Quite recently, I left little Northumberland and my lovely job at Katie Kerr on a small adventure. It was an amazingly varied trip with a few interesting destinations.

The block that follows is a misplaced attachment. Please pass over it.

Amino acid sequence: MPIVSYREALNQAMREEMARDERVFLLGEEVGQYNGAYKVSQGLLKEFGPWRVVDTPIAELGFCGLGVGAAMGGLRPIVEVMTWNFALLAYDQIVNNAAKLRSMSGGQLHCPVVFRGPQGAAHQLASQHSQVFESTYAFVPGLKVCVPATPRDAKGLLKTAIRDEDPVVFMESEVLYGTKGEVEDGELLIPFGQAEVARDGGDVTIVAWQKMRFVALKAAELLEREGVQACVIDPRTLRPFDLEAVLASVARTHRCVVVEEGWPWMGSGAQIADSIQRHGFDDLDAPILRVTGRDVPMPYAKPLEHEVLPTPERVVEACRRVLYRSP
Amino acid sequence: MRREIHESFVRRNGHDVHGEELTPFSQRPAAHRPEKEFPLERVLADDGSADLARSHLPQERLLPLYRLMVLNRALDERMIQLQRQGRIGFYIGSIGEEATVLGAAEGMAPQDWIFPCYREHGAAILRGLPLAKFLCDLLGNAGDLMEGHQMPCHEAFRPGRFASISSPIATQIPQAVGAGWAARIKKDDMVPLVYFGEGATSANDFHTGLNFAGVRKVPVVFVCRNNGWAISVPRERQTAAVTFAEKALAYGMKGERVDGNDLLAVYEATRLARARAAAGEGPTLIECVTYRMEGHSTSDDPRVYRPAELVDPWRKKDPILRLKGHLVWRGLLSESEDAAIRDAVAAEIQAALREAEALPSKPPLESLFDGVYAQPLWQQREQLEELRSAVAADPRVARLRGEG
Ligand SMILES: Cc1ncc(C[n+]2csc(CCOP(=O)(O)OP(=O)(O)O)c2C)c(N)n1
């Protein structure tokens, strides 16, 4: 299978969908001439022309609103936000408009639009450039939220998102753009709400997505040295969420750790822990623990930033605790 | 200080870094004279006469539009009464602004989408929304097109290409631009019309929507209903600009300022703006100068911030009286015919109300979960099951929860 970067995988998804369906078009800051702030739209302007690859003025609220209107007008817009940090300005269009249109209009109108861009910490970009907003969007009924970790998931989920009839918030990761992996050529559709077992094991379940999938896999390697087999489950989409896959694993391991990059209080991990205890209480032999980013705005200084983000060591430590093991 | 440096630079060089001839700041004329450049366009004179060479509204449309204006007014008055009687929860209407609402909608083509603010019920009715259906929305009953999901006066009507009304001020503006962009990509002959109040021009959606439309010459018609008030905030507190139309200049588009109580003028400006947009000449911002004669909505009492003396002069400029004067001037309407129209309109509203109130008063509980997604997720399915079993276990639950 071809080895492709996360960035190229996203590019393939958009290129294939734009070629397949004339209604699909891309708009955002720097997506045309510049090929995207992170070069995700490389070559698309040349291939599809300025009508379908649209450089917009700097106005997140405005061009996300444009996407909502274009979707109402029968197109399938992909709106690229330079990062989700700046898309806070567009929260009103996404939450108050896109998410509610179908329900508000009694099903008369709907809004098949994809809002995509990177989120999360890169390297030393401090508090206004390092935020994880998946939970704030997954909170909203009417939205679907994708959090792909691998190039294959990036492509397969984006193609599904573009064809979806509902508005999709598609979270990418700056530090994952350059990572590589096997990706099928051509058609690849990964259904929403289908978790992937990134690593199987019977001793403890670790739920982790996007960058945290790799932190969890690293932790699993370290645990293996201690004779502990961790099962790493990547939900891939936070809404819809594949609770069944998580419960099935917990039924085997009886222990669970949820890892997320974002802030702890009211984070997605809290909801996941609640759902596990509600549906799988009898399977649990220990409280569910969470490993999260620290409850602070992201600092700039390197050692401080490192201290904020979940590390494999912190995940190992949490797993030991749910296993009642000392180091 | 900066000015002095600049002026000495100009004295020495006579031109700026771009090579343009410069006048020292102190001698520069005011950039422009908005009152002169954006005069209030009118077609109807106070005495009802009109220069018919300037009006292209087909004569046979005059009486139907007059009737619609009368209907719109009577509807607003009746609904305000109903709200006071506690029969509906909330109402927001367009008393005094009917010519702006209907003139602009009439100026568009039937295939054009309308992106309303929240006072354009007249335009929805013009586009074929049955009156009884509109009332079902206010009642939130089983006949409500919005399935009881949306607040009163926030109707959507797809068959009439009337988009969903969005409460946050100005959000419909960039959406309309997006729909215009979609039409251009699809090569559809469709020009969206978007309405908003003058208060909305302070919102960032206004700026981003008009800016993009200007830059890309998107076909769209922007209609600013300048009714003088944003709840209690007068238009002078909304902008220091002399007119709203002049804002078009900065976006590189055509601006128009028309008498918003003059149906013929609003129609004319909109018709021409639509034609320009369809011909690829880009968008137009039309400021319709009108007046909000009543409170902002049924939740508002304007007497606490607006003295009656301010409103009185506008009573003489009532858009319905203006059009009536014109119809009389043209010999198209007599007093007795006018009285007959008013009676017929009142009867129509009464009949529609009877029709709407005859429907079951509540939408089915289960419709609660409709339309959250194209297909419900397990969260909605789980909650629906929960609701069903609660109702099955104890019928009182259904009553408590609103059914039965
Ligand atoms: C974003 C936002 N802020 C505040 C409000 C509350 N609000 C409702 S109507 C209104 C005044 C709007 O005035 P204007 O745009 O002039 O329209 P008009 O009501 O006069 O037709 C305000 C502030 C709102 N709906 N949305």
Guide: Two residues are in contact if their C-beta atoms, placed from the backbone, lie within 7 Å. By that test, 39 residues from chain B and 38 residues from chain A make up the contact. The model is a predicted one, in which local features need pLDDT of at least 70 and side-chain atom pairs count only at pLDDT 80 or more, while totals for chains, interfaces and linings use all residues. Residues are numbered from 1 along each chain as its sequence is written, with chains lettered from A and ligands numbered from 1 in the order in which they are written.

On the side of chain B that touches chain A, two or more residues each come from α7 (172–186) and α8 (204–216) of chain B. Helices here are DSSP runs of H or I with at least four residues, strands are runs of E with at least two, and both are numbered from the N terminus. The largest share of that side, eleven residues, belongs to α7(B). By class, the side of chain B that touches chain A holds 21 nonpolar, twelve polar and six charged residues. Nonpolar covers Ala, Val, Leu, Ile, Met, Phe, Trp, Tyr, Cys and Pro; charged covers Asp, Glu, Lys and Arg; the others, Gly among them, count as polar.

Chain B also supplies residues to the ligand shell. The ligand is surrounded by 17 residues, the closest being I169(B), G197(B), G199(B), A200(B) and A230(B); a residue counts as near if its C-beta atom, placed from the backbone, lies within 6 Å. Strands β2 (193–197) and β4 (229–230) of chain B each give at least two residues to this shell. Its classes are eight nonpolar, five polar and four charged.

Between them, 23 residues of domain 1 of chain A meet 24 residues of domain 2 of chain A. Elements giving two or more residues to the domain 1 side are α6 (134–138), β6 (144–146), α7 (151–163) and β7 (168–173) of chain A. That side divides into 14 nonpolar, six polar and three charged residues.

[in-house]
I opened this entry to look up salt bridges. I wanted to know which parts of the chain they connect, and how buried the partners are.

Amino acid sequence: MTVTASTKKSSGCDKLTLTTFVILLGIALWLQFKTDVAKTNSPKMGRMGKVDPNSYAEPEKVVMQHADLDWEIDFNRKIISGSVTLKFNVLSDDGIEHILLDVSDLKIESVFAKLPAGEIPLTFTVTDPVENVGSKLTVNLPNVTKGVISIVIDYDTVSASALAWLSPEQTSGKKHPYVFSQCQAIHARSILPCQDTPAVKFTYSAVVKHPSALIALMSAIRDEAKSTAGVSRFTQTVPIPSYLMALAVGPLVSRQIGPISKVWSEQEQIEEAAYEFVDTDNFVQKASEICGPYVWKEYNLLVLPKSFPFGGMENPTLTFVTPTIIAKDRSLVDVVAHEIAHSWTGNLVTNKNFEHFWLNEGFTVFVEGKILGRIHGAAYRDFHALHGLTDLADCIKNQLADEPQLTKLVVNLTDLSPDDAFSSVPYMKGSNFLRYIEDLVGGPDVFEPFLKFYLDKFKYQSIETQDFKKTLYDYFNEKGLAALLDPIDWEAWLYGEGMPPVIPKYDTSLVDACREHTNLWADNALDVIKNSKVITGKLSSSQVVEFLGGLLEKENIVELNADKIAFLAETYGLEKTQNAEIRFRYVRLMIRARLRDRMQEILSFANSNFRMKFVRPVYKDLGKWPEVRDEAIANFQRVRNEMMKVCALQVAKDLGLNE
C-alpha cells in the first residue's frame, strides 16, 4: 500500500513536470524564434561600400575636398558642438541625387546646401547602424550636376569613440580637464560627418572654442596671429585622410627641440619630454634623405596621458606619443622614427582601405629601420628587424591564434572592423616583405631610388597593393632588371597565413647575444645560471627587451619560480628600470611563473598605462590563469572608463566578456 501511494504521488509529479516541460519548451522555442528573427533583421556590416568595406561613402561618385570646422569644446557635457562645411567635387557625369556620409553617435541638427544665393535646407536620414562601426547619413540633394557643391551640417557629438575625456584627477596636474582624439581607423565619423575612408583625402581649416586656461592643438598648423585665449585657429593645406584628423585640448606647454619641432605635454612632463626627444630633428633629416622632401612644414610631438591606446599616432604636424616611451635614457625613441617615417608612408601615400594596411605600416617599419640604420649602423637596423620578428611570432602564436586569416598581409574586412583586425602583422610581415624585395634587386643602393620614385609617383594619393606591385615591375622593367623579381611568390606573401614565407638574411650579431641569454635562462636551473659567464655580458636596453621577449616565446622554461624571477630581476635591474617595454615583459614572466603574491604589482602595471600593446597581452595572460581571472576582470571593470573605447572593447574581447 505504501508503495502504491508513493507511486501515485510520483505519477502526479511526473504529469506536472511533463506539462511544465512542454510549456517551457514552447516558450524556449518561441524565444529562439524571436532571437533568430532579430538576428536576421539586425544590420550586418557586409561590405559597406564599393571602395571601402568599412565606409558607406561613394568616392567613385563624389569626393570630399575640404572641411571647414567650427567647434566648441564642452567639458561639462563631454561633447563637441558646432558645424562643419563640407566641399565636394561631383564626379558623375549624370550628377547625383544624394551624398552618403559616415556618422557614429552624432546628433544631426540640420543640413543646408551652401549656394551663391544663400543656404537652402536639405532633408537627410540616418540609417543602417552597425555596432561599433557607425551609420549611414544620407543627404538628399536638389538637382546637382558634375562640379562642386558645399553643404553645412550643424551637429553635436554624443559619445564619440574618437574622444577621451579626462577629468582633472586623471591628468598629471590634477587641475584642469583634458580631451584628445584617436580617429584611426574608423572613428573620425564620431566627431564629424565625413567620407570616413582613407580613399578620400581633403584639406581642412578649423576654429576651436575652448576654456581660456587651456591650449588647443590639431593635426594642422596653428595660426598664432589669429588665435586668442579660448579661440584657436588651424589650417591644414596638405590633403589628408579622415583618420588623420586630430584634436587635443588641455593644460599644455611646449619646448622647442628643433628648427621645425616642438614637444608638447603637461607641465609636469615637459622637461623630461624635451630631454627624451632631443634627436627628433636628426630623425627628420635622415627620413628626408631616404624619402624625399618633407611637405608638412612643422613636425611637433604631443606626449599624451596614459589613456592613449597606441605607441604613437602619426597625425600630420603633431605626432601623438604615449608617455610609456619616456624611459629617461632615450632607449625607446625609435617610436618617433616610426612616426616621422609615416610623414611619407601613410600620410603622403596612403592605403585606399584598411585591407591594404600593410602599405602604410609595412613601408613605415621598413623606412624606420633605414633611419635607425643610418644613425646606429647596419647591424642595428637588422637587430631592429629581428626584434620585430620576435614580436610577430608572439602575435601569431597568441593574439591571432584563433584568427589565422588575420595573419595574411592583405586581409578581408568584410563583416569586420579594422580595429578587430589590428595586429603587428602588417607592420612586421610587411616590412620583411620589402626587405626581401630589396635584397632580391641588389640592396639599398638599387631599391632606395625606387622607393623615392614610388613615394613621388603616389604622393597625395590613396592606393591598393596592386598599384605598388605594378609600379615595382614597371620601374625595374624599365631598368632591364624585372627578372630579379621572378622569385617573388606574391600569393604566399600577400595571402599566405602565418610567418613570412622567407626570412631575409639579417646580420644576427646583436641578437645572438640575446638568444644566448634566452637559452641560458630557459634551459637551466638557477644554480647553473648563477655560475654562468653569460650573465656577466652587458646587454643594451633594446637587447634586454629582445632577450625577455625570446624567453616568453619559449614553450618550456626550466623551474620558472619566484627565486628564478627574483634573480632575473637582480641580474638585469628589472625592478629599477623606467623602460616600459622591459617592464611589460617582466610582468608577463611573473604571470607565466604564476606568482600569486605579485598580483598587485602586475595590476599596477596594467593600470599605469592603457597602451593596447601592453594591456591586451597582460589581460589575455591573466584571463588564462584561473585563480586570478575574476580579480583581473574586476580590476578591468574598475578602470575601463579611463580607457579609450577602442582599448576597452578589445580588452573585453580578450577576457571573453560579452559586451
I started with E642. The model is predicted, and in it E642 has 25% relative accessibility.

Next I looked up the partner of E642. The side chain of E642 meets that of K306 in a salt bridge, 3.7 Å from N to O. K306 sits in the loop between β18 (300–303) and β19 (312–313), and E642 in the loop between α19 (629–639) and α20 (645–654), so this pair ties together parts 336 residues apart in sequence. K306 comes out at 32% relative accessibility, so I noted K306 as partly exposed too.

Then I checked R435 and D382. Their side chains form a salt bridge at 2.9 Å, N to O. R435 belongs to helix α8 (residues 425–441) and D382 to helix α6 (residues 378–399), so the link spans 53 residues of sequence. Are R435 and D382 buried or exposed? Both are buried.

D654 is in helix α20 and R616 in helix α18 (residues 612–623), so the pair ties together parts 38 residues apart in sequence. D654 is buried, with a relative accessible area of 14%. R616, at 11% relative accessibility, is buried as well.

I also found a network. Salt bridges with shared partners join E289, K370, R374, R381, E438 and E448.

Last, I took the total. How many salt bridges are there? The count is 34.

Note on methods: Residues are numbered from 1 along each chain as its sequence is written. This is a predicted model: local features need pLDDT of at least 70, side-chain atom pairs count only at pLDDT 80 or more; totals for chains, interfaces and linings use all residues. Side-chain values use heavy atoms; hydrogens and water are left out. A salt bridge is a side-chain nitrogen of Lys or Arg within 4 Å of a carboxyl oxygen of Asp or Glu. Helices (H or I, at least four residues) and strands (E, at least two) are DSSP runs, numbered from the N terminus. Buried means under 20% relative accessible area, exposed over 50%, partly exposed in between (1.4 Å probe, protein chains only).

First stop was the capital of Colombia, Bogota; an exciting flurry of cars, museums and street art. The entire city is a spectacle; a mish-mash of old Spanish and postmodern architecture. There is a huge mountain named Monsterrate which dominates the centre of Bogota. One amazing thing to do (if heights don’t scare you!) is to go to the top of this mountain. You can choose between using a cable car or train to reach the top. It is extremely steep, making the journey a slightly anxiety-ridden experience. However, when you reach the top, the view is totally worth it. There is a beautiful church up there, which can be spotted from most places down below in the city thanks to the domineering quality of the mountain. Bogota is a fantastic place to see street art, and especially in the neighborhood of La Candelaria, there are some truly stunning pieces of work adorning the area. If you are a fan of beer, there is a great company named the BBC (nope, not the British Broadcasting Company) who are a local and lovely Brewery. Their selection of beers is fantastic and can be found in bottles in most bars around the city. Alternatively, you can visit their pub/restaurant in the city and try their produce on draught and enjoy some pub grub. There is a very traditional British/Irish feel to this pub, and stepping back out onto the streets of Bogota feels pretty surreal afterwards!